To grow blueberries, plant young bushes in acidic soil, pinch off blossoms for the first two years and prune older plants in the winter. Plant several bushes to compensate for pruning, which reduces the crop for one season.
- Plant the bushes
Choose blueberry bushes that are 1 to 3 years old for faster production, as the bushes take six years to produce a full crop. Plant blueberry bushes in the spring, and choose an area that has acidic soil with a pH between 4 and 5. Place the plants 5 feet apart in holes that are 18 inches wide and 20 inches deep.
- Water and fertilize
Provide the plants with up to 2 inches of water each week. Do not fertilize when you plant, but add fertilizer a month later.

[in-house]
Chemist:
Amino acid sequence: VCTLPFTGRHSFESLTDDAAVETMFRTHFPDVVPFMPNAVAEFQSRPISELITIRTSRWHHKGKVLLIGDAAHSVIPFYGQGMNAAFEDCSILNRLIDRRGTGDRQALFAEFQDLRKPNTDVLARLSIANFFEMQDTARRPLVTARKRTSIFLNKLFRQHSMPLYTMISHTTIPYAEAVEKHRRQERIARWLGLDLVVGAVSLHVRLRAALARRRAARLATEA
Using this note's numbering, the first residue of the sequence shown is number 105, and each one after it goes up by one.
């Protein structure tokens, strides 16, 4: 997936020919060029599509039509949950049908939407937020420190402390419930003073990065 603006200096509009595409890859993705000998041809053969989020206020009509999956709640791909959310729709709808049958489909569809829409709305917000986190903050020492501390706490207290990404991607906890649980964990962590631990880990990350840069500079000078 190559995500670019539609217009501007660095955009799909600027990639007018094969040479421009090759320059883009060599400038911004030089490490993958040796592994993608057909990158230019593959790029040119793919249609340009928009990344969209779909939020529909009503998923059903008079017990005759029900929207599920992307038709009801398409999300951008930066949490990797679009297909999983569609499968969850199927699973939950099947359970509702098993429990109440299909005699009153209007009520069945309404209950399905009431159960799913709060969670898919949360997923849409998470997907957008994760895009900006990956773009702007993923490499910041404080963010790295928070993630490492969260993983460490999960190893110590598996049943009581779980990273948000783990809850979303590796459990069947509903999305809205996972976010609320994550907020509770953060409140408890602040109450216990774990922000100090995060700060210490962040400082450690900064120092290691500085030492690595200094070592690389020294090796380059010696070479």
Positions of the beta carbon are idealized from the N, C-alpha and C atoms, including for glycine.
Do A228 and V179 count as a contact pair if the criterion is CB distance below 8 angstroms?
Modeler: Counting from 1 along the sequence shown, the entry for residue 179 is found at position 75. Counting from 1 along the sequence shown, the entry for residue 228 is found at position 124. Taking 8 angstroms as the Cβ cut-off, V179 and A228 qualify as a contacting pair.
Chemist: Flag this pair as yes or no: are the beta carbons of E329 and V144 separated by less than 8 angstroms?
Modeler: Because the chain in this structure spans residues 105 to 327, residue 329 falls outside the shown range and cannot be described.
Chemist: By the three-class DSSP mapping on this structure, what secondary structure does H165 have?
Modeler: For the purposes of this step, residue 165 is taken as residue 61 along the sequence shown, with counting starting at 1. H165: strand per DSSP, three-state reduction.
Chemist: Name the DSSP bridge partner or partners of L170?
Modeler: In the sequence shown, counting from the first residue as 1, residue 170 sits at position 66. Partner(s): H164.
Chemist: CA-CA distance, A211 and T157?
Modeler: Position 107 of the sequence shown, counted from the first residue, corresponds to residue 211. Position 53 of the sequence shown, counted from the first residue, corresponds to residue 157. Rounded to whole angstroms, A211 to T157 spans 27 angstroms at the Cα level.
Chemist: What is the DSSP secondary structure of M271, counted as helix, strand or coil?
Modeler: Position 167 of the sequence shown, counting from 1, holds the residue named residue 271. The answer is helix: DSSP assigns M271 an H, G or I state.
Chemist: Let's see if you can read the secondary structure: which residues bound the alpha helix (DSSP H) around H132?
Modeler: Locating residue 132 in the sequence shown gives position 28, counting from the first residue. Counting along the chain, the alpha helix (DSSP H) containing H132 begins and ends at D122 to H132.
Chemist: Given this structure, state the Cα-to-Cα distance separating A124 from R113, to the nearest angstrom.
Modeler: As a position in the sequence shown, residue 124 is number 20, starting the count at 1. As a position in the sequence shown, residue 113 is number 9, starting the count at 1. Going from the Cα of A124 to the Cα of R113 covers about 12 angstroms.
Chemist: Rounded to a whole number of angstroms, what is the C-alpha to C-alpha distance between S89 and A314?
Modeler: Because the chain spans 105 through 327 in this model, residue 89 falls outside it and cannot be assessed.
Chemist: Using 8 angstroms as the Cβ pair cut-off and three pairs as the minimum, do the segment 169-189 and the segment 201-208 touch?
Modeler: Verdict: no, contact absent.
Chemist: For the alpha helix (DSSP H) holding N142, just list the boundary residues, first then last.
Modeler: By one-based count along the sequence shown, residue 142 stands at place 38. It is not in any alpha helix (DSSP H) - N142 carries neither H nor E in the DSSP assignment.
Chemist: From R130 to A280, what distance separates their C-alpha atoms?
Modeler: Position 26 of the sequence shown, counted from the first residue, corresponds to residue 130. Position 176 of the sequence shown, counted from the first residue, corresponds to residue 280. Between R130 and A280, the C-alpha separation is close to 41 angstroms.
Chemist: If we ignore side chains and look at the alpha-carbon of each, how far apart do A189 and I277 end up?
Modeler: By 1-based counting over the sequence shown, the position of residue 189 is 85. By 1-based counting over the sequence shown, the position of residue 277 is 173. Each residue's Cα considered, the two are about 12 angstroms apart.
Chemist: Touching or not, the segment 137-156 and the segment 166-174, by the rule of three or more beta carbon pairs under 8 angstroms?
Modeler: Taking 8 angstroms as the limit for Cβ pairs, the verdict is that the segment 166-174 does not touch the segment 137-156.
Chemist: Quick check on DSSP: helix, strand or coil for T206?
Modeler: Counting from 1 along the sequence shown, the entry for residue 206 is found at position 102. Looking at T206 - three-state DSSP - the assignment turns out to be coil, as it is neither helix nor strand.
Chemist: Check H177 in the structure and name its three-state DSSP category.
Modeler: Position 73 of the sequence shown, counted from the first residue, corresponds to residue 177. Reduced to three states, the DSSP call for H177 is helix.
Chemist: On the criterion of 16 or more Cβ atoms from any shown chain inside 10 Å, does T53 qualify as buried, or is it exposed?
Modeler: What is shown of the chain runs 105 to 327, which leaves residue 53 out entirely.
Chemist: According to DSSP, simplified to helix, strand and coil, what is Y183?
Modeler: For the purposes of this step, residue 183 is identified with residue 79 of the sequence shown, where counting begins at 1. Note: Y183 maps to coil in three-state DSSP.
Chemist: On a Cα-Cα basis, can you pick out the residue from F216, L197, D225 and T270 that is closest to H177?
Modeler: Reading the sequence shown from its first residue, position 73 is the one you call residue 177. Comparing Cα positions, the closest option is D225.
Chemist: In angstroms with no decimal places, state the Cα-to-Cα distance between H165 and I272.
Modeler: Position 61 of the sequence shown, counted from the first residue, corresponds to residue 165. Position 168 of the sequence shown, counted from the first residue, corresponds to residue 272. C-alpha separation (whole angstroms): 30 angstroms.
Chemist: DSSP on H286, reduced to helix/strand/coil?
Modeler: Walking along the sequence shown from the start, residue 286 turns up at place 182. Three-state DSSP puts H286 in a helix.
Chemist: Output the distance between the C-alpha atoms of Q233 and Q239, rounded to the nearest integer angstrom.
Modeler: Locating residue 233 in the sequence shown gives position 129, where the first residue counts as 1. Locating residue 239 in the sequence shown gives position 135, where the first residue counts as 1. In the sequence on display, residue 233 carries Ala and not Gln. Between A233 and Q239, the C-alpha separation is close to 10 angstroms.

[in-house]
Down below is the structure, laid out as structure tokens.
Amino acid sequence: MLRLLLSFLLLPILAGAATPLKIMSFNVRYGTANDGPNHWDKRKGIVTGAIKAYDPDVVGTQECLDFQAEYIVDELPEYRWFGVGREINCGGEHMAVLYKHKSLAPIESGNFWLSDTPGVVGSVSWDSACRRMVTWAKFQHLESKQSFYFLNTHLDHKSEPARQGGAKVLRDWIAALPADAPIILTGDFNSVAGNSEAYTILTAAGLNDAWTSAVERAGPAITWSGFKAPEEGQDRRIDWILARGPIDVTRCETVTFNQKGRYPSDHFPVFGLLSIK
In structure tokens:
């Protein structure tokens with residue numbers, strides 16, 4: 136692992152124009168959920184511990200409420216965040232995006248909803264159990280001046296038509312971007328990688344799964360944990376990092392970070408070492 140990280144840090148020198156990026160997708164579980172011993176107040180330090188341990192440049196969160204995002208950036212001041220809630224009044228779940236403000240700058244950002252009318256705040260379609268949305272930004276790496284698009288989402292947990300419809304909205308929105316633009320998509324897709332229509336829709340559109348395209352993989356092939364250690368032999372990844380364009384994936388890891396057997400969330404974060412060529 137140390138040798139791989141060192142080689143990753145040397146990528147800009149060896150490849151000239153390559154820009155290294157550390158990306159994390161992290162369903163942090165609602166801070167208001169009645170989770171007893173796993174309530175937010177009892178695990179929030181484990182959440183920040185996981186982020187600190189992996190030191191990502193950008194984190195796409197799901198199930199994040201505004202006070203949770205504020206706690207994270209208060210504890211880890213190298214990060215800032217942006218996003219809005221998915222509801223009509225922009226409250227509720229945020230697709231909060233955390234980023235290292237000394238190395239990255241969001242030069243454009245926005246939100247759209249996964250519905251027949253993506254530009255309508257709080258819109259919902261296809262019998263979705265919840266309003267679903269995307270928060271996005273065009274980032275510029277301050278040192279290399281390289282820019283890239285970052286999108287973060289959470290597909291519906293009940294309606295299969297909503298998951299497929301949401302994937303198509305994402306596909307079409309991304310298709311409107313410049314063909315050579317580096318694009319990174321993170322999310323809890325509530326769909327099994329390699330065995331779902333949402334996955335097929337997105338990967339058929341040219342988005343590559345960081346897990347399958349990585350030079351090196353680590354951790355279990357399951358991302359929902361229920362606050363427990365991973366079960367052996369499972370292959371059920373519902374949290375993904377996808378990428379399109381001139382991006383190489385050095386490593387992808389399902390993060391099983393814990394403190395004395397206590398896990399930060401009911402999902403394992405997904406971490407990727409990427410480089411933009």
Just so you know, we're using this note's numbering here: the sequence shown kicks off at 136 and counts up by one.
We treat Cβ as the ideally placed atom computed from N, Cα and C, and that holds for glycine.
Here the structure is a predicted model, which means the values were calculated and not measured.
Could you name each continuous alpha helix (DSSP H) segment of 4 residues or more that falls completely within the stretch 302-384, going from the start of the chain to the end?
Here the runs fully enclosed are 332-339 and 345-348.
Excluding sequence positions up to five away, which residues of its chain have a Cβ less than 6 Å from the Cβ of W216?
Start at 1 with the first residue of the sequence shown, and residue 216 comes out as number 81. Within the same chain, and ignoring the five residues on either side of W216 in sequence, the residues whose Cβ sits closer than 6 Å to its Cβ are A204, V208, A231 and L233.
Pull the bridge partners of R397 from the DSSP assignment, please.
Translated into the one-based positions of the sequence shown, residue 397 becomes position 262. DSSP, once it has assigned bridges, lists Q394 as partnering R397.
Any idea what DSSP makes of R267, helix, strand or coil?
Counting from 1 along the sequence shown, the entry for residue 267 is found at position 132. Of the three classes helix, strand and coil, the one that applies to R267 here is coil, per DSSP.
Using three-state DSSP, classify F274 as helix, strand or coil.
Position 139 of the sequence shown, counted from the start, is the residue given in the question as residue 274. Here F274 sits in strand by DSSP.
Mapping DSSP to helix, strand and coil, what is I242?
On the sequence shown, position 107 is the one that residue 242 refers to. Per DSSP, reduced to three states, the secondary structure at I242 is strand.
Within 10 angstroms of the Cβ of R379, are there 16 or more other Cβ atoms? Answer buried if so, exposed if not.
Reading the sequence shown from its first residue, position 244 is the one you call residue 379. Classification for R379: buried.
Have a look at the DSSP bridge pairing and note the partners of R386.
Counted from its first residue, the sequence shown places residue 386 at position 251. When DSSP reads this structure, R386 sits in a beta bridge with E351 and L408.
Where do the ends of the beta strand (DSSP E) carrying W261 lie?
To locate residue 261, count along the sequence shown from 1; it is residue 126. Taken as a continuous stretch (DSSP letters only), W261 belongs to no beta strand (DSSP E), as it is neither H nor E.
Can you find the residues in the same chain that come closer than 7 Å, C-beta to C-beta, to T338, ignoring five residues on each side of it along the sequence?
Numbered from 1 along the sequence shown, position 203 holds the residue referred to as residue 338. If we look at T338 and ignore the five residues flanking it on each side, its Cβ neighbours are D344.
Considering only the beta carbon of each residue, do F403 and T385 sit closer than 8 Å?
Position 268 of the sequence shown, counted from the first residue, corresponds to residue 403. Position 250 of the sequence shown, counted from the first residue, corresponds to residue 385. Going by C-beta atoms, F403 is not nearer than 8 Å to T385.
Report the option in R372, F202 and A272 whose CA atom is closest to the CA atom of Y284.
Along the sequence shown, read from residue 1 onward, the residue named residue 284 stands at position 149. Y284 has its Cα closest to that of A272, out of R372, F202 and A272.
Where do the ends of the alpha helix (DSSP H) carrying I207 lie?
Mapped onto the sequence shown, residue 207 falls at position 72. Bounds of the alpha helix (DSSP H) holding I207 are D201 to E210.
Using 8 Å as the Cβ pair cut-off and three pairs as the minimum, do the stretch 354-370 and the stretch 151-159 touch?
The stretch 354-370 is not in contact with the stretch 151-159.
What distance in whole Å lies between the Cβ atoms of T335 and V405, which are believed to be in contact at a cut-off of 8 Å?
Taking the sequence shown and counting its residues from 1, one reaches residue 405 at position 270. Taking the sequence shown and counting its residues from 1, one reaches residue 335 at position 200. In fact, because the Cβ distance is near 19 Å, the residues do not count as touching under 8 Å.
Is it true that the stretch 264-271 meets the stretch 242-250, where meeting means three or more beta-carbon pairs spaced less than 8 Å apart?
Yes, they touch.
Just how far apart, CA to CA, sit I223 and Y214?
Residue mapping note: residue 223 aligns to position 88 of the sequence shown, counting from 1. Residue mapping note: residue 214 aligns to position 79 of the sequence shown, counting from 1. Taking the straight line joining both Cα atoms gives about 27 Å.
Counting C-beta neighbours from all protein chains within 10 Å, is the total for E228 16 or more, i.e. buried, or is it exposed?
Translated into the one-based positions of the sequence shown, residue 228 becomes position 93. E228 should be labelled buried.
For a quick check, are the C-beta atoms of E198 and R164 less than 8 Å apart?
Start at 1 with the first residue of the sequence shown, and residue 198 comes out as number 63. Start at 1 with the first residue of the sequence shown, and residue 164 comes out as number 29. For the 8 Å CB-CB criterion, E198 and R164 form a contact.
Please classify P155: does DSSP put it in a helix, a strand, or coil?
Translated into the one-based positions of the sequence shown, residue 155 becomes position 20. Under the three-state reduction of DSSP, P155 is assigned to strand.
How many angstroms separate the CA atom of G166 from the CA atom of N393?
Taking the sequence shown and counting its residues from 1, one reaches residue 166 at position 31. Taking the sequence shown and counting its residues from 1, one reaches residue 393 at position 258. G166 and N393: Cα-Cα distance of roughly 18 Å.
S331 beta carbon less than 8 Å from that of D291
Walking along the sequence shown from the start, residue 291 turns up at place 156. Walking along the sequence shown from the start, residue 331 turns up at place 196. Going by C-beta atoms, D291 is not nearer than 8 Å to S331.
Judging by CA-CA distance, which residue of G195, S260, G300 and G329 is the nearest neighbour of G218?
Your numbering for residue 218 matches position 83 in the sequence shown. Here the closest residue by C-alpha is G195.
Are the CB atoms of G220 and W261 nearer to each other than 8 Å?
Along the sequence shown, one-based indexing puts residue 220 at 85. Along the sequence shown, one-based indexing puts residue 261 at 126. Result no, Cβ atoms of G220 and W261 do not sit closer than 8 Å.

- Pinch and prune
Pinch off blossoms for the first two years after planting to encourage fuller growth. In late winter, prune plants that are at least four years old. Cut away branches that touch the ground and those that crowd the center. Prune only a few of your bushes each year because pruned blueberry plants do not produce the following season.
- Harvest the fruit
Blueberries mature in mid-summer. Pick the berries a couple of days after they turn blue and when they pull off easily.